For our annual Living Here magazine, I was asked to write a piece about restaurants and a shorter piece recommending five non-chain eateries.
Alas, the magazine (due out any day now as a DB insert) proved smaller than expected because of lagging ad sales and both my pieces were bumped. Oh, the humanity. So the main piece became today’s print column and the sidebar is published below. Waste not, want not.
Note that I spread the five choices around geographically. So while these are not (as Nick Hornby would say) my all-time Top 5 restaurants, they’re five that I’ve patronized multiple times over the years and enjoyed, for one reason or another.
Donahoo’s Golden Chicken
1074 N. Garey Ave., Pomona (also 1117 N. Grove Ave., Ontario)
The Donahoo’s box lunch is to fried chicken fanciers what the bento box is to Japanese food fans, an all-in-one conglomeration of tastes. The box consists of either two pieces of chicken or six chicken strips, perhaps the Inland Valley’s best fried chicken, plus a pile of bland thick-cut fries (crinkle-cut at the Ontario location), a fist-sized roll and a small container of cole slaw. A plastic fork is tucked into a side flap. It’s to-go only. If you’re at the Pomona location, take your box a few blocks east to Lincoln Park and have yourself a picnic.
1821 E. Fourth St., Ontario
Located in the Ralphs center at Vineyard and Fourth next to a panaderia, Fredy’s serves up small, Mexican-style tacos with plenty of onions and cilantro on corn tortillas. A humble place with mighty food, Fredy’s draws laborers, journalists and Ontario police. Dine in and listen to ranchera music from the jukebox or watch a telenovela on the TV.
9135 Archibald Ave., Rancho Cucamonga
Hidden in a business park, Angelina’s proves to be a cozy place with high tables, mustard-colored walls and a welcoming atmosphere. The food, mostly sandwiches and salads, is modest and reliable. There’s a daily special to spice things up a bit. I like the old-fashioned spaghetti and meatballs, served in a portion large enough to take home half. The burgers are pretty good, you can get a salmon caesar salad for $8 and they make their own potato chips.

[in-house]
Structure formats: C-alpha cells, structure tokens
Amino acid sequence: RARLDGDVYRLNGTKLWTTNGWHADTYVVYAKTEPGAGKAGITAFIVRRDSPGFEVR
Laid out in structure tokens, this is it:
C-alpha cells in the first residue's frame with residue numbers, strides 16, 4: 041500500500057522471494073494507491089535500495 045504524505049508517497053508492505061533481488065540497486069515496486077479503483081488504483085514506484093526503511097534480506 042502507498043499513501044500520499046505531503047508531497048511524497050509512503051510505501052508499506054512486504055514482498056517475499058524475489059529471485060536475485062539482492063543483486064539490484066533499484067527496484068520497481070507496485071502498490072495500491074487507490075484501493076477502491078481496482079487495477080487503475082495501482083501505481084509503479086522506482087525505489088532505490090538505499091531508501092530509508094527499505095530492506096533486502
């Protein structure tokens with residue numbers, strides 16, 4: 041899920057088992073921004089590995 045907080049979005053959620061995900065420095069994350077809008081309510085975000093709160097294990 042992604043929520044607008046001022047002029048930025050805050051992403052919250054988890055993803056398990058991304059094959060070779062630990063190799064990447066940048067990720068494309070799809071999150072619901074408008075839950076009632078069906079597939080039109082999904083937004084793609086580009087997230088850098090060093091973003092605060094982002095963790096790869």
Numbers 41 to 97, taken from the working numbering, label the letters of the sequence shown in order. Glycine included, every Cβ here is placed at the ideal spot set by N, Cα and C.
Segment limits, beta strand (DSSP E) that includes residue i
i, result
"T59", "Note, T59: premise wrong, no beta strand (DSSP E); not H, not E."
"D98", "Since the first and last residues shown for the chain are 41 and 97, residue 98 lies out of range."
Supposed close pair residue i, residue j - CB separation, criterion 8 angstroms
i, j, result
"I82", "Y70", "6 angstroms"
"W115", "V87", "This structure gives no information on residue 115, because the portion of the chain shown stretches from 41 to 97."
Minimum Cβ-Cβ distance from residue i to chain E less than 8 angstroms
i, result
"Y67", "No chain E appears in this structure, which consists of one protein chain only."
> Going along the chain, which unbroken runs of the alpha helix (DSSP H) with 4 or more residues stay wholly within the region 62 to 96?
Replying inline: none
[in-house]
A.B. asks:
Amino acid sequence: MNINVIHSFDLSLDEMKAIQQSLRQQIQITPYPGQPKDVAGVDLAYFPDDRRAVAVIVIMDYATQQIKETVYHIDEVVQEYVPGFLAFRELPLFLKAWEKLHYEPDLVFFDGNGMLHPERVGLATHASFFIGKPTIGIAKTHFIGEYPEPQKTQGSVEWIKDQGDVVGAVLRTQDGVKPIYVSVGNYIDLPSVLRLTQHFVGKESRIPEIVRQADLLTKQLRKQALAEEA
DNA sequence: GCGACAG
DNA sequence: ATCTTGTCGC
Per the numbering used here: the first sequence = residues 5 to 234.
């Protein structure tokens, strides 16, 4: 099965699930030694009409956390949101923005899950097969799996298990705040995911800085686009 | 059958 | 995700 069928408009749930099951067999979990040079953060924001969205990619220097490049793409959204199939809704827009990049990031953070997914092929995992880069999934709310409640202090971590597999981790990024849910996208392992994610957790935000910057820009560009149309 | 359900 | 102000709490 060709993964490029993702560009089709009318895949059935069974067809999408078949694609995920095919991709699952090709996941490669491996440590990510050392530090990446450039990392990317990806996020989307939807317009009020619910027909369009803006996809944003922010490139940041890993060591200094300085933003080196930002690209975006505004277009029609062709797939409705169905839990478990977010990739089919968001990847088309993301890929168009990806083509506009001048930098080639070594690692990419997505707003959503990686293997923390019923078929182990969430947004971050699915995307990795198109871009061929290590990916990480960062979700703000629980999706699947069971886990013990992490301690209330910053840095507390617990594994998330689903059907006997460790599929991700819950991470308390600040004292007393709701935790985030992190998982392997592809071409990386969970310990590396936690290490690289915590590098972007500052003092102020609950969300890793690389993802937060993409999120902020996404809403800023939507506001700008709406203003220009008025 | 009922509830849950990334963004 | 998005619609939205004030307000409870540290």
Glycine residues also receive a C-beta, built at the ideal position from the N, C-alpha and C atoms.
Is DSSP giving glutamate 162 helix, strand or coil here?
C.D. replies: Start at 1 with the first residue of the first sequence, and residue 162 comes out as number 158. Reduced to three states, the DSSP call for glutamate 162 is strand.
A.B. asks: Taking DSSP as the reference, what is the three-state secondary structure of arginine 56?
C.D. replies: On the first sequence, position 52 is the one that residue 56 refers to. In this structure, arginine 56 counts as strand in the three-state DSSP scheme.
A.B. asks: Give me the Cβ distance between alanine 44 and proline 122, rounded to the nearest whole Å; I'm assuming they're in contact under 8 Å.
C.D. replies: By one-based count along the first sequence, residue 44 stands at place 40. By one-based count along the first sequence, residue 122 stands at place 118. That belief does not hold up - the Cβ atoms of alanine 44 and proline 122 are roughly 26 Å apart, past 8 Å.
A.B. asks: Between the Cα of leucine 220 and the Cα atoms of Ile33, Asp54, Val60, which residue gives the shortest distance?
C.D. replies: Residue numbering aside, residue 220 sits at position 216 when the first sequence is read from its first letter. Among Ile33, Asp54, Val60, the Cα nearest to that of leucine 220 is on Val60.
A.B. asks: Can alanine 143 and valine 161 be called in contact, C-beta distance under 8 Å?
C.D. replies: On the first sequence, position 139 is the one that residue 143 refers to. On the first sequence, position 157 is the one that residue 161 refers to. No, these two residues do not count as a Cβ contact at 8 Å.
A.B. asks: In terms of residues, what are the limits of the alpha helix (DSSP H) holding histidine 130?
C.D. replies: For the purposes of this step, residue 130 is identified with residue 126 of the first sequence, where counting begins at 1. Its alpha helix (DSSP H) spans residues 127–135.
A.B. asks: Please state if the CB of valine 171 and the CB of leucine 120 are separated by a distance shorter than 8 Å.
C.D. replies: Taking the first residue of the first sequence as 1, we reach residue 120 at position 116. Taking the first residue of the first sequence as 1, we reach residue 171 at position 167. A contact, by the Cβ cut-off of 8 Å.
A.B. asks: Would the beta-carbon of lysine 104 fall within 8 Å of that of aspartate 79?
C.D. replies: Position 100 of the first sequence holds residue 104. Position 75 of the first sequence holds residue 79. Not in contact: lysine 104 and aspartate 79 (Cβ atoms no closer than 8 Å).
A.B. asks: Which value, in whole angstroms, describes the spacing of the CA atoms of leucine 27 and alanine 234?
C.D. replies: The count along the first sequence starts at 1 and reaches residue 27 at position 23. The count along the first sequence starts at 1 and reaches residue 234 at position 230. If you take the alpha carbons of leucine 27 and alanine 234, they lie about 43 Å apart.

7000 Merrill Ave., Chino, and 5650 Riverside Drive, Chino
Flo’s is a down-home place, so popular there are two locations. They have the same menu, meaning that your choice of Flo’s can be based on where you are at the moment, either physically or psychologically. Downtown Flo’s is slightly downscale Coco’s; airport Flo’s is old-school coffee shop with airplanes, and sometimes flies, outside. I prefer airport Flo’s but I visit the other in a pinch. Whatever you order, even if it’s biscuits and gravy at breakfast, only the uninitiated make the mistake of not saving room for the homemade pie, cobbler or pudding.
San Biagio’s N.Y. Style Pizza
1263 W. Seventh St., Upland
They have pastas here, baked and served in an aluminum tin, and sandwiches too, but the main event is the pizza. It’s made in the New York style, a thin crust topped with tomato sauce and a sprinkling of mozzarella, plus whatever toppings you like (a purist would say none). You can order by the slice or get a whole pie. Slices are thin enough you can fold one in half and pretend you’re in Brooklyn, even though you’re really in a shopping center in Upland. Owner Biagio Pavia doesn’t speak a lot of English but his enthusiasm is contagious. He speaks the universal language: a thumb’s up or a high-five, accompanied by a big smile.